Applies to ✅ Open Source Edition ✅ Express Edition ✅ Professional Edition ✅ Enterprise Edition
Aggregate functions aggregate data from groups of data into individual values. There are three main ways of forming such groups:
- A GROUP BY clause is used to define the groups for which data is aggregated
- No GROUP BY clause is defined, which means that all data from a SELECT statement (or subquery) is aggregated into a single row
- All aggregate functions can be used as window functions, in case of which they will aggregate the data of the specified window
- The column expressions of the
GROUP BYclause. In the overall data set, the values of these column expressions is unique.
- A set of data corresponding to each row produced by the
GROUP BYclause. This data set can be aggregated per group using aggregate functions.
GROUP BY means that a new set of rules need to be observed in the rest of the query:
- Clauses that logically precede GROUP BY are not affected. These include, for example, FROM and WHERE
- All other clauses (e.g. HAVING, WINDOW, SELECT, or ORDER BY) may now only reference expressions built from the expressions in the
GROUP BYclause, or aggregations on any other expression
SELECT AUTHOR_ID, count(*) FROM BOOK GROUP BY AUTHOR_ID;
create.select(BOOK.AUTHOR_ID, count()) .from(BOOK) .groupBy(BOOK.AUTHOR_ID).fetch();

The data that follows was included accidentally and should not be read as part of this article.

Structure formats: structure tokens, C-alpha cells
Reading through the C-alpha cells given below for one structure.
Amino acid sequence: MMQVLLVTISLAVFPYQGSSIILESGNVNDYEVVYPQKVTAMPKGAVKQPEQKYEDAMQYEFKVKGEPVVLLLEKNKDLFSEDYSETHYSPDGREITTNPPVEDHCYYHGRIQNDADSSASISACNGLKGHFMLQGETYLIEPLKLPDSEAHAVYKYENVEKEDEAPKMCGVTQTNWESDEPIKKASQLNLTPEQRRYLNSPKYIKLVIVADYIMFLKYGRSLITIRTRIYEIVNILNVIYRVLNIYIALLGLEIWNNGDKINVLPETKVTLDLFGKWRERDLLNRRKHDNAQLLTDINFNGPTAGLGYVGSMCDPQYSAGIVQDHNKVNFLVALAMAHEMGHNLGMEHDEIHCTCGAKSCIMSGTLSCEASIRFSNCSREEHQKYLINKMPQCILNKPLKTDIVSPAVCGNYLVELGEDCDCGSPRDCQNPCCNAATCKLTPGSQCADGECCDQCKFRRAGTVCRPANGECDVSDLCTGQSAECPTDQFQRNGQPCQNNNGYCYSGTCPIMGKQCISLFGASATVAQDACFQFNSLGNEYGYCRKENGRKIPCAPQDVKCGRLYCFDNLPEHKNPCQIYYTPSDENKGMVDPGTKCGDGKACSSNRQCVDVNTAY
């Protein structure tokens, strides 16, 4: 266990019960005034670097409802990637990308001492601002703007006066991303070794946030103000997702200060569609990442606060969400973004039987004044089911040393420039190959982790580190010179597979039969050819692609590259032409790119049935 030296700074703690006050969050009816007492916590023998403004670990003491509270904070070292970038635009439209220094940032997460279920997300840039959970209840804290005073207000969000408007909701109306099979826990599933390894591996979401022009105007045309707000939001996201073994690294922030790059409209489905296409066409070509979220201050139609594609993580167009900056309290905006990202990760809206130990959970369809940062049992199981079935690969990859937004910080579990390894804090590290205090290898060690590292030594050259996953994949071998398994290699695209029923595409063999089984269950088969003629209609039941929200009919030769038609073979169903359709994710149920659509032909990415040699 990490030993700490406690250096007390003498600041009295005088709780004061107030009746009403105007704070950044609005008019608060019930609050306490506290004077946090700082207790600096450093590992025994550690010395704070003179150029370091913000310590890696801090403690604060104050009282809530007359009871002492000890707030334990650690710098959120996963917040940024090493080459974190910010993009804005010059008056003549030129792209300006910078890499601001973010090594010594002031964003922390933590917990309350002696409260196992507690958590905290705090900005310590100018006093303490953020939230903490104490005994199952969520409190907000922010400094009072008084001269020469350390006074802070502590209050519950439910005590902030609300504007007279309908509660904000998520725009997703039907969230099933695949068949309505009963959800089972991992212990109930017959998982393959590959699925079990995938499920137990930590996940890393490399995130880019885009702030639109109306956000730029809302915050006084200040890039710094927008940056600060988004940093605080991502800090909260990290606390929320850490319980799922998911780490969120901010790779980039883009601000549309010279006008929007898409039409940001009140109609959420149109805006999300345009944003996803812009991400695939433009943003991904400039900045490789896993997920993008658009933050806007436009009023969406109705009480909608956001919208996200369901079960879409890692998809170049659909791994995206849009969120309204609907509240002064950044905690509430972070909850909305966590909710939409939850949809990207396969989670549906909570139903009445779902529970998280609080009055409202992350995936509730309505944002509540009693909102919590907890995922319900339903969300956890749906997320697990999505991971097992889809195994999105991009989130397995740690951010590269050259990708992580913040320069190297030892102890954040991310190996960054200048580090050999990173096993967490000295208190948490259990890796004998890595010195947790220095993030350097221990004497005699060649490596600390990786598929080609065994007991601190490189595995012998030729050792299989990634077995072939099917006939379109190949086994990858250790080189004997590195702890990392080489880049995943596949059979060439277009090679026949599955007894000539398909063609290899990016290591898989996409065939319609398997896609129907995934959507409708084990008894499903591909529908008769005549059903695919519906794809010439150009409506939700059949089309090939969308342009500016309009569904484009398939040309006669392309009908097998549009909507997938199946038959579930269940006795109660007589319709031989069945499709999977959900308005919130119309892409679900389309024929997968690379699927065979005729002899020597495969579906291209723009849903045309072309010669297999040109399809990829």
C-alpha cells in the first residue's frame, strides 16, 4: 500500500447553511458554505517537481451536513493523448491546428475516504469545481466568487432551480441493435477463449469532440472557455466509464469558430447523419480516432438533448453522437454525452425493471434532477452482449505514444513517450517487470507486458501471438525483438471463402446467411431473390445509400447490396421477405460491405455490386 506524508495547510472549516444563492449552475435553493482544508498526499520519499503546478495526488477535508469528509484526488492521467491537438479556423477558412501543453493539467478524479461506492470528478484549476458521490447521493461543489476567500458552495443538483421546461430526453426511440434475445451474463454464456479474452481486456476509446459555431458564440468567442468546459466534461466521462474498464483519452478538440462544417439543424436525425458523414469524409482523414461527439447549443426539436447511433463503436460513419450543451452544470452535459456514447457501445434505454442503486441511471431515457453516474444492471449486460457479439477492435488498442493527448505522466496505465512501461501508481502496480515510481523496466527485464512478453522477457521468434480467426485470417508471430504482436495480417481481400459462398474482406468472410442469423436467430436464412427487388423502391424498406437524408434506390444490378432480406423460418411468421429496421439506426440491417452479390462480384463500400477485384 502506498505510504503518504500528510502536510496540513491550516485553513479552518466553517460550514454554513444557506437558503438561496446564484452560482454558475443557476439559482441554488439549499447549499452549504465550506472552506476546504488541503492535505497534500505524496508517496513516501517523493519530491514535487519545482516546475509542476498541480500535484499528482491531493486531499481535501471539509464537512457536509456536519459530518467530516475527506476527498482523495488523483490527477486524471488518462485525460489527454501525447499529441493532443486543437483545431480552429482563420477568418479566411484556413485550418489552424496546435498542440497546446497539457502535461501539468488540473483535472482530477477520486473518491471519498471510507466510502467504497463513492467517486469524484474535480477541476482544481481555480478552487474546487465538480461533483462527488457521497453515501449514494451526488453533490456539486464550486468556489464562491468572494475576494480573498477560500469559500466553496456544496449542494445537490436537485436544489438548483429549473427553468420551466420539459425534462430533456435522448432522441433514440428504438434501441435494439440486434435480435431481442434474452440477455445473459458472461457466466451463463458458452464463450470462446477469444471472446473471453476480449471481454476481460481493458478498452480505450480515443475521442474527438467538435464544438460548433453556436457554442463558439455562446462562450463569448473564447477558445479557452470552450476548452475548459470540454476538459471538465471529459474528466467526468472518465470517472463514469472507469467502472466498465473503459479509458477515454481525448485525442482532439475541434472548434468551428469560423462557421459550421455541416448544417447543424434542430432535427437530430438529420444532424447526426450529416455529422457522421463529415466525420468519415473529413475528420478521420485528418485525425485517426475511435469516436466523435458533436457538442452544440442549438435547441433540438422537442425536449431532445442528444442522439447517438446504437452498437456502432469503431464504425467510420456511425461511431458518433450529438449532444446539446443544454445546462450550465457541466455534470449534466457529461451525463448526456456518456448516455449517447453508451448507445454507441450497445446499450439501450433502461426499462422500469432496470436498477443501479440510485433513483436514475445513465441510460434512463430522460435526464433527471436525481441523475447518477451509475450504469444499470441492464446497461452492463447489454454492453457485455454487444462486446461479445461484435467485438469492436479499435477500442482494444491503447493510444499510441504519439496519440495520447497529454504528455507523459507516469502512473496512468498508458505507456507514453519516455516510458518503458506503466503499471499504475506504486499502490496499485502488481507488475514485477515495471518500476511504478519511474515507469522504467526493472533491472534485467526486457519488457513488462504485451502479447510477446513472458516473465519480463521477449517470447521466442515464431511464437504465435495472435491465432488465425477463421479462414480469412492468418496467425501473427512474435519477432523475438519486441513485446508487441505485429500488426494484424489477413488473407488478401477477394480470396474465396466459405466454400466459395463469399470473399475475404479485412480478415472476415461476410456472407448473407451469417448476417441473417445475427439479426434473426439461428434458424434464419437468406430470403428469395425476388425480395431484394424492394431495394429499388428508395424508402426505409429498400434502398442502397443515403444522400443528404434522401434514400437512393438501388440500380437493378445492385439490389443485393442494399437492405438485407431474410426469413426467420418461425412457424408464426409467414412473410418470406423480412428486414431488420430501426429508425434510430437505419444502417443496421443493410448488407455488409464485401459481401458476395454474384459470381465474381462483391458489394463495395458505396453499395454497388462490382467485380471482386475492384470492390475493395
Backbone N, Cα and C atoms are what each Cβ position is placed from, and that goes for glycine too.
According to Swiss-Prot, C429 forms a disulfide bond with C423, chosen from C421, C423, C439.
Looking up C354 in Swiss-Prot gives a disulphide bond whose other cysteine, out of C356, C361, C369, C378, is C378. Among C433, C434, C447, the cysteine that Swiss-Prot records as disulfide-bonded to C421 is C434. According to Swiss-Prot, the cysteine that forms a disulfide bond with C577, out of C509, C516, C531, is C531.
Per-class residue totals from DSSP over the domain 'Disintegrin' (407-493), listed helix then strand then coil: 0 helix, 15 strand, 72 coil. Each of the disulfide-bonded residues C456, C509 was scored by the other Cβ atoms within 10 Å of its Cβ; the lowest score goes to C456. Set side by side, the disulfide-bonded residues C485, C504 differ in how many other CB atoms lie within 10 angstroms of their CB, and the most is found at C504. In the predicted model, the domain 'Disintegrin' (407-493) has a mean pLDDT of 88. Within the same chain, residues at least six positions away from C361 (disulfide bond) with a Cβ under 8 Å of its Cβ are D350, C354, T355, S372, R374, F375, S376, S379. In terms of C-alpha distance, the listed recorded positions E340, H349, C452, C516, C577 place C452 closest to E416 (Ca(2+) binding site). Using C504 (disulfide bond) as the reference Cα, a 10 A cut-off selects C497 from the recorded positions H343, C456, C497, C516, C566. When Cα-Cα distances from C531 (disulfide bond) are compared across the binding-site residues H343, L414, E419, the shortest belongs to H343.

+-----------+-------+ | AUTHOR_ID | count | +-----------+-------+ | 1 | 2 | | 2 | 2 | +-----------+-------+
Per the rules imposed by
GROUP BY, it would not be possible, for example, to project the
BOOK.TITLE column, because it is not defined per author. An author has written many books, so we don't know what a
BOOK.TITLE is supposed to mean. Only an aggregation, such as LISTAGG or ARRAY_AGG can reference
BOOK.TITLE as an argument.
In the absence of GROUP BY, a SELECT statement that contains at least one aggregate function in any of its clauses (e.g. HAVING, WINDOW, SELECT, or ORDER BY) will proceed to aggregating the entire data into a single row. There is an implied "empty grouping", i.e. a grouping that has no
GROUP BY columns. These two are the same things:
SELECT count(*) FROM BOOK; SELECT count(*) FROM BOOK GROUP BY ();
See also GROUPING SETS for more details about this empty
GROUP BY syntax.
For example, using our sample database, which has 4 books with IDs 1-4, we can write:
SELECT count(*), sum(ID) FROM BOOK
create.select(count(), sum(BOOK.ID)) .from(BOOK).fetch();
+----------+---------+ | count(*) | sum(ID) | +----------+---------+ | 4 | 10 | +----------+---------+
No other columns from the tables in the FROM clause may be projected by the SELECT clause, because they would not be defined for this single group. For example, no specific
BOOK.TITLE is defined for the aggregated value of all books. Only an aggregation, such as LISTAGG or ARRAY_AGG can reference
BOOK.TITLE as an argument.
However, any expression whose components do not depend on content of the group is allowed. For example, it is possible to combine aggregate functions and constant expressions like this:
SELECT count(*) + sum(ID) + 1 FROM BOOK
+------+ | plus | +------+ | 15 | +------+